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Old January 10th, 2014, 06:51 AM   #6581
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Mitsui & Co. participates in launch of all-electric bus service in Milton Keynes, UK
http://www.bbc.co.uk/news/technology-25621426

Quote:
Electric buses which their developers say can run all day are set to begin service.

A fleet of eight new electric vehicles will operate along a busy route in Milton Keynes from late January.

The buses can run for longer by virtue of a wireless booster charge they receive at the start and end of the route from plates in the road.

The buses are the first of their kind to operate in the UK.

Inductive charging
The fleet will run on the Number 7 route, which covers 25km (15 miles) between the Milton Keynes suburbs of Wolverton and Bletchley and carries an estimated 800,000 passengers a year.

After a night charging at the depot, the buses will receive booster charges throughout the day at the start and end of the route.

There, the bus parks over plates buried in the road. The driver then lowers receiver plates on the bottom of the bus to within 4cm of the road surface and the bus is charged for around 10 minutes before resuming service.

The system uses a process called inductive charging. Electricity passes through wire coils in the road plates, generating a magnetic field. This field induces a voltage across coils in the bus plates and the vehicle's batteries are charged.



The new vehicles have been built by UK bus manufacturer Wrightbus and will operate as part of a five-year trial programme led by the European division of Japanese company Mitsui and UK engineering group Arup.

"Electric buses have huge potential and we're exploring how they can help us take better care of the environment without compromising passenger service," said John Bint of Milton Keynes Council.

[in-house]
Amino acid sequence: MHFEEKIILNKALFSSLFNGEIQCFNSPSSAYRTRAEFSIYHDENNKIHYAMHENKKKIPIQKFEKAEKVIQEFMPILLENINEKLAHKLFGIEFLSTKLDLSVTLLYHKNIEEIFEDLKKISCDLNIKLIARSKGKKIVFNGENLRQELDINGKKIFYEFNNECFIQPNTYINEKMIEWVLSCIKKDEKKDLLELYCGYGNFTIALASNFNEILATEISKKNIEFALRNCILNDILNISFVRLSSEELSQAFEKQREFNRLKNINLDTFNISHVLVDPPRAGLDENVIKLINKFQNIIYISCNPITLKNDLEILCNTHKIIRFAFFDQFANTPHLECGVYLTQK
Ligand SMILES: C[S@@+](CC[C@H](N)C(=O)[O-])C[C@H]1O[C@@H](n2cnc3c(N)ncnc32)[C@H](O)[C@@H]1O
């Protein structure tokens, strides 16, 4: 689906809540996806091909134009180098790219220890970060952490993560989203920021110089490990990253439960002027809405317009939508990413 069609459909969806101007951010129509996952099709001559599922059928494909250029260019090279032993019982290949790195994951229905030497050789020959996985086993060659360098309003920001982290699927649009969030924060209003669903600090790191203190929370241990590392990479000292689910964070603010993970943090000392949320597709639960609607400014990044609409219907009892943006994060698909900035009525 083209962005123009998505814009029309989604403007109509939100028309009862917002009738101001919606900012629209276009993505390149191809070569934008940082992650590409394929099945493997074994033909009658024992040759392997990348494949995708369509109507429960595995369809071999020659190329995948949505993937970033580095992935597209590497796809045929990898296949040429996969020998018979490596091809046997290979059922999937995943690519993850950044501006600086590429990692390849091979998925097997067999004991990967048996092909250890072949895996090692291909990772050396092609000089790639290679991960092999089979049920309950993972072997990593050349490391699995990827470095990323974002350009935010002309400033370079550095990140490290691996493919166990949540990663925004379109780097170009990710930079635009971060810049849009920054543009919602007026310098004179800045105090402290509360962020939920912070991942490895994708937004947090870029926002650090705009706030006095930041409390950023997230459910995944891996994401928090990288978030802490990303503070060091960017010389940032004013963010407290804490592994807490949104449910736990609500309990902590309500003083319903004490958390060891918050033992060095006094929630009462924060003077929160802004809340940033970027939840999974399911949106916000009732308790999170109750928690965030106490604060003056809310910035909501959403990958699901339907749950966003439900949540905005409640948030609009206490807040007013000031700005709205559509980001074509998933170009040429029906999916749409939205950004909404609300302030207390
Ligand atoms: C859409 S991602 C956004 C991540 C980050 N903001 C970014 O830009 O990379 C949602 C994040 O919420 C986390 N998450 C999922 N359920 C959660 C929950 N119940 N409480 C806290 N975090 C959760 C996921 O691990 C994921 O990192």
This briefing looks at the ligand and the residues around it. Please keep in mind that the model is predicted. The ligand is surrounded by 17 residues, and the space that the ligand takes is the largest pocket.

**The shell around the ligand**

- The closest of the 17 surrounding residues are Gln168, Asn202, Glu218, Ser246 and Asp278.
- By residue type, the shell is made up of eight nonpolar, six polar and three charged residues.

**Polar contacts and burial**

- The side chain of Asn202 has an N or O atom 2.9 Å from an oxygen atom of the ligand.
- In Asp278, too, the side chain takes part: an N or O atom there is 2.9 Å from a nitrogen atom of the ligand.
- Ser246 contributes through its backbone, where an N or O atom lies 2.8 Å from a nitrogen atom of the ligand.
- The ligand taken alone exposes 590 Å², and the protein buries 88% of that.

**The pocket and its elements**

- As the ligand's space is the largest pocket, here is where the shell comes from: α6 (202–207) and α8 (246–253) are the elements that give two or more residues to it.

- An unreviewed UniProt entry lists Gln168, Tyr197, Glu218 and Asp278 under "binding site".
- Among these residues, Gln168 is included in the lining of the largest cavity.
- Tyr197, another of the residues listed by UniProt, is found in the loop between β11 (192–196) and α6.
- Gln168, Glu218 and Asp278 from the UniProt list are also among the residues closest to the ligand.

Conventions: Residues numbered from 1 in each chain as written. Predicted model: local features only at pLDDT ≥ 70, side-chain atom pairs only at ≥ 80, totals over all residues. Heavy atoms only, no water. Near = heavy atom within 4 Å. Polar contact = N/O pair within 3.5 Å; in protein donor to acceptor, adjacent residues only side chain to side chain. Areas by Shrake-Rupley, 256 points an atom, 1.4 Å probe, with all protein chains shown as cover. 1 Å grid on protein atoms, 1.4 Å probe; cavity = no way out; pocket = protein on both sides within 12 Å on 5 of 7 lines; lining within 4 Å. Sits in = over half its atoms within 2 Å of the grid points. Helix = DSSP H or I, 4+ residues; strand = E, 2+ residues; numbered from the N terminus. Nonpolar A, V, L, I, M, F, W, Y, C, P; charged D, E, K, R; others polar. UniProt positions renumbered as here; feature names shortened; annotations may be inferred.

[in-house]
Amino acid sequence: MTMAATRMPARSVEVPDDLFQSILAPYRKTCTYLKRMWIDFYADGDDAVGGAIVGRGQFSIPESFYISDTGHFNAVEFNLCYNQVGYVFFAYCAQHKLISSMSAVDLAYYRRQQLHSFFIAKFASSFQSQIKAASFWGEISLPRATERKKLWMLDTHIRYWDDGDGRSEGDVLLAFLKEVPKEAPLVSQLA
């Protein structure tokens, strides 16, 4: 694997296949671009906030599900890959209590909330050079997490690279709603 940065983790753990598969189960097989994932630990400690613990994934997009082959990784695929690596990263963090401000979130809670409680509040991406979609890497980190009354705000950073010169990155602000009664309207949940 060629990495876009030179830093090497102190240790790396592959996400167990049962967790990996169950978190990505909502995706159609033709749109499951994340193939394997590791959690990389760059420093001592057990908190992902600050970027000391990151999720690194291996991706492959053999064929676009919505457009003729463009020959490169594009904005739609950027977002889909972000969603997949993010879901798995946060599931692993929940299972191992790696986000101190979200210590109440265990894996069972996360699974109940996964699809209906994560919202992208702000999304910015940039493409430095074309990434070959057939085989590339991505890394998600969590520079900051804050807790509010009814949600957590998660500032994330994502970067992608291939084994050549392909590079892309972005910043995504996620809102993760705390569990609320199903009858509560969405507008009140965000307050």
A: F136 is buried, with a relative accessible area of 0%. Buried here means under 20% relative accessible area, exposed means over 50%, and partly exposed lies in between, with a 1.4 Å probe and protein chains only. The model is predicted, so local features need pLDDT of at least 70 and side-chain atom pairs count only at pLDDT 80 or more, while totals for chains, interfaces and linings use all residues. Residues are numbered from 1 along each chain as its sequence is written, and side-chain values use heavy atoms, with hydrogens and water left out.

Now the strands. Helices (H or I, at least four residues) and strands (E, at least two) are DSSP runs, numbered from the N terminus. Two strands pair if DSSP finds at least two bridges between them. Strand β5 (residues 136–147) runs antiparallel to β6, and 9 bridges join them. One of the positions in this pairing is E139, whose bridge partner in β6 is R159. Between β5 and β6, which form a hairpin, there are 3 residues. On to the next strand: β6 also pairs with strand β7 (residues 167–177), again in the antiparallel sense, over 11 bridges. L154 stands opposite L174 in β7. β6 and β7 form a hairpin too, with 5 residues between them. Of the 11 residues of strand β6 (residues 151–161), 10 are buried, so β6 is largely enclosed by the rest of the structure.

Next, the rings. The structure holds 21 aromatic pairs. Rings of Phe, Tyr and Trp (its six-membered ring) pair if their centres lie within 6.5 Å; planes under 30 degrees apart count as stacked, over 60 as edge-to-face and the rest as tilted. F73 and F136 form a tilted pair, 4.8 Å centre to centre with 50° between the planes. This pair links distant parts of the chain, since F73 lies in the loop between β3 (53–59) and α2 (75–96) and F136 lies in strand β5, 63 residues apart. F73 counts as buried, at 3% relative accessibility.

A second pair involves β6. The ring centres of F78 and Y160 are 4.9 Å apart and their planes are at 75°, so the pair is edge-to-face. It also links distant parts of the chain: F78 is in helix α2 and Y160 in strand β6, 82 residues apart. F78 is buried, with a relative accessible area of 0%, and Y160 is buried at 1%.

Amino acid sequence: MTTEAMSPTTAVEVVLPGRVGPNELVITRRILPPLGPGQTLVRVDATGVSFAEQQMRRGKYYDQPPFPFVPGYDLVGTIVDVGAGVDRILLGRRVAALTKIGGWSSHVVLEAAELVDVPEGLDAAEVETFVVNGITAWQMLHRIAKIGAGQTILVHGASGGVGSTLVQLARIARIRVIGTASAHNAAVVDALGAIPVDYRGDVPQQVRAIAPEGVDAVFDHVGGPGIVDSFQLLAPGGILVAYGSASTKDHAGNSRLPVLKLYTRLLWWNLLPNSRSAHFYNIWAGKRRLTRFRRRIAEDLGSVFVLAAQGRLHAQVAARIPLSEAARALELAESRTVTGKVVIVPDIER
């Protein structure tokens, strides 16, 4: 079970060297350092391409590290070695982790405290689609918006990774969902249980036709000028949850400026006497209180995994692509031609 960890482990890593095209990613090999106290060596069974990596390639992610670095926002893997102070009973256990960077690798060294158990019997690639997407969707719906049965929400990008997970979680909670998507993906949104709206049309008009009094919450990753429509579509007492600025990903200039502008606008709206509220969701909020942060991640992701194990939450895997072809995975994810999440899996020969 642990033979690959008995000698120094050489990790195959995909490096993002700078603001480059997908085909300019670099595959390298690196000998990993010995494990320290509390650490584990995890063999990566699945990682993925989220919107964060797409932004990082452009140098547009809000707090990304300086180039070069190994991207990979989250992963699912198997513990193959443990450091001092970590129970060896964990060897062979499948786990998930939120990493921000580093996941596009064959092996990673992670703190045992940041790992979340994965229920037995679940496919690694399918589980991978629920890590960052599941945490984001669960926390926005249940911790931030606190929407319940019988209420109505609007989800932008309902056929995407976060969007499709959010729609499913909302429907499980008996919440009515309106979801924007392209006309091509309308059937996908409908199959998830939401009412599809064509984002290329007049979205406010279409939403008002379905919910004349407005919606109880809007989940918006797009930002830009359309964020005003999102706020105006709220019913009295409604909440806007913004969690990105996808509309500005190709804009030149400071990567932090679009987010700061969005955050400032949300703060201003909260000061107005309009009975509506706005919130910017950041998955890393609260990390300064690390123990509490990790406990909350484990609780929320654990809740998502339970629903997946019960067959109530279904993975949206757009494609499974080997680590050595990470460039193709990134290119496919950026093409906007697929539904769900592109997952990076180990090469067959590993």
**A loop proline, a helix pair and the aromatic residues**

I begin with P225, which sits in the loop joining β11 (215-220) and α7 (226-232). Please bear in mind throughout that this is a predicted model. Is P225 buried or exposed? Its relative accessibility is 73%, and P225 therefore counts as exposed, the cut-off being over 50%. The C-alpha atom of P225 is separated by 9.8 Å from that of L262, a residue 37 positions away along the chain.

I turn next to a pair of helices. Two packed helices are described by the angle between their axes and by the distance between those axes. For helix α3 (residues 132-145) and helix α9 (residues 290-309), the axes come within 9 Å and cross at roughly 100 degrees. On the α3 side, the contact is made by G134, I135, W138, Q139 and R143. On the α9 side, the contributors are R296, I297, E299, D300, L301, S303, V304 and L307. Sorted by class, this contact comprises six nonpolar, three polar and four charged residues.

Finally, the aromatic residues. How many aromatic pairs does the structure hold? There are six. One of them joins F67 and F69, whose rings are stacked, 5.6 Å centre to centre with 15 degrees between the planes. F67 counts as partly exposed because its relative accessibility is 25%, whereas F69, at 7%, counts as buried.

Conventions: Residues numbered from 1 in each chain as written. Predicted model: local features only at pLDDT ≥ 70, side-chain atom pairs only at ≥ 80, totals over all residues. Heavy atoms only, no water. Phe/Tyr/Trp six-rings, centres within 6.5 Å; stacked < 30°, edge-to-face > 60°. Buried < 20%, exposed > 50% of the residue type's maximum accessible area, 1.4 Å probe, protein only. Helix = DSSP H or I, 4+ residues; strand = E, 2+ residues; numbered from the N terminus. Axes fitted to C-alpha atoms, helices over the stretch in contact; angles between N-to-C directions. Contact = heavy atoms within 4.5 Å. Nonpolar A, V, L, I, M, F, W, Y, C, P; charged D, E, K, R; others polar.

"With the help of the project collaborators, we'll be monitoring the buses closely over the next five years."

Mr Bint told BBC News that if the buses proved a success, the plan was to roll out the system to all bus routes in the town.

John Miles, an Arup consultant and engineering research professor at Cambridge University, said: "These electric buses will be expected to do everything a diesel bus does.

"They will be operating on a demanding urban route, and that's all part of the trial's aim - to prove that electric buses can be tough as well as green."

Similar systems are already being used in Turin and Genoa in Italy, Utrecht in the Netherlands and in Mannheim in Germany.

Last year, South Korea switched on a 12km (7.5-mile) road which can recharge electric vehicles as they drive over it, without the need for vehicles to stop at all. Two public buses are using the Online Electric Vehicle system, or OLEV, in the South Korean city of Gumi.

The technology means the vehicles can be fitted with smaller, lighter batteries, reducing the amount of power required to drive them.
The BBC article has a video report.
There’s also one here:



A bit more details from a Japanese-language article:
http://sankei.jp.msn.com/politics/ne...1030016-n1.htm

This is the first time that a trading company such as Mitsui has taken the lead in converting main bus route to EV buses, and the company hopes to use the results of the Milton Keynes trial in eventually developing the technology for mass adoption in revenue service. Mitsui says that the technology can easily be adapted to London’s famous double-decker services, as well as for temporary bus service during the 2020 Summer Olympics in Tōkyō.
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Old January 10th, 2014, 06:52 AM   #6582
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Hanshin Electric Railway launches new CM series

Haven’t seen any Hanshin CMs in a while, but they just launched a new series featuring actress Satō Eriko (佐藤江梨子) and comedian duo Hamakan (ハマカーン).

CM (30s version).
Apparently, the old guy giving directions for Mikage Station is the president of the railway. Satō Eriko was born in Tōkyō, but she spent some of her childhood in Kōbe, so her Kansai accent seems pretty natural.



“Making of” video:



Press release:
http://www.hanshin.co.jp/company/pre...140107tvcm.pdf

CM web page:
http://www.hanshin.co.jp/taisetsu/cm/

Posters:



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Old January 10th, 2014, 06:56 AM   #6583
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MLIT to expand late-night bus service from Haneda starting October 2014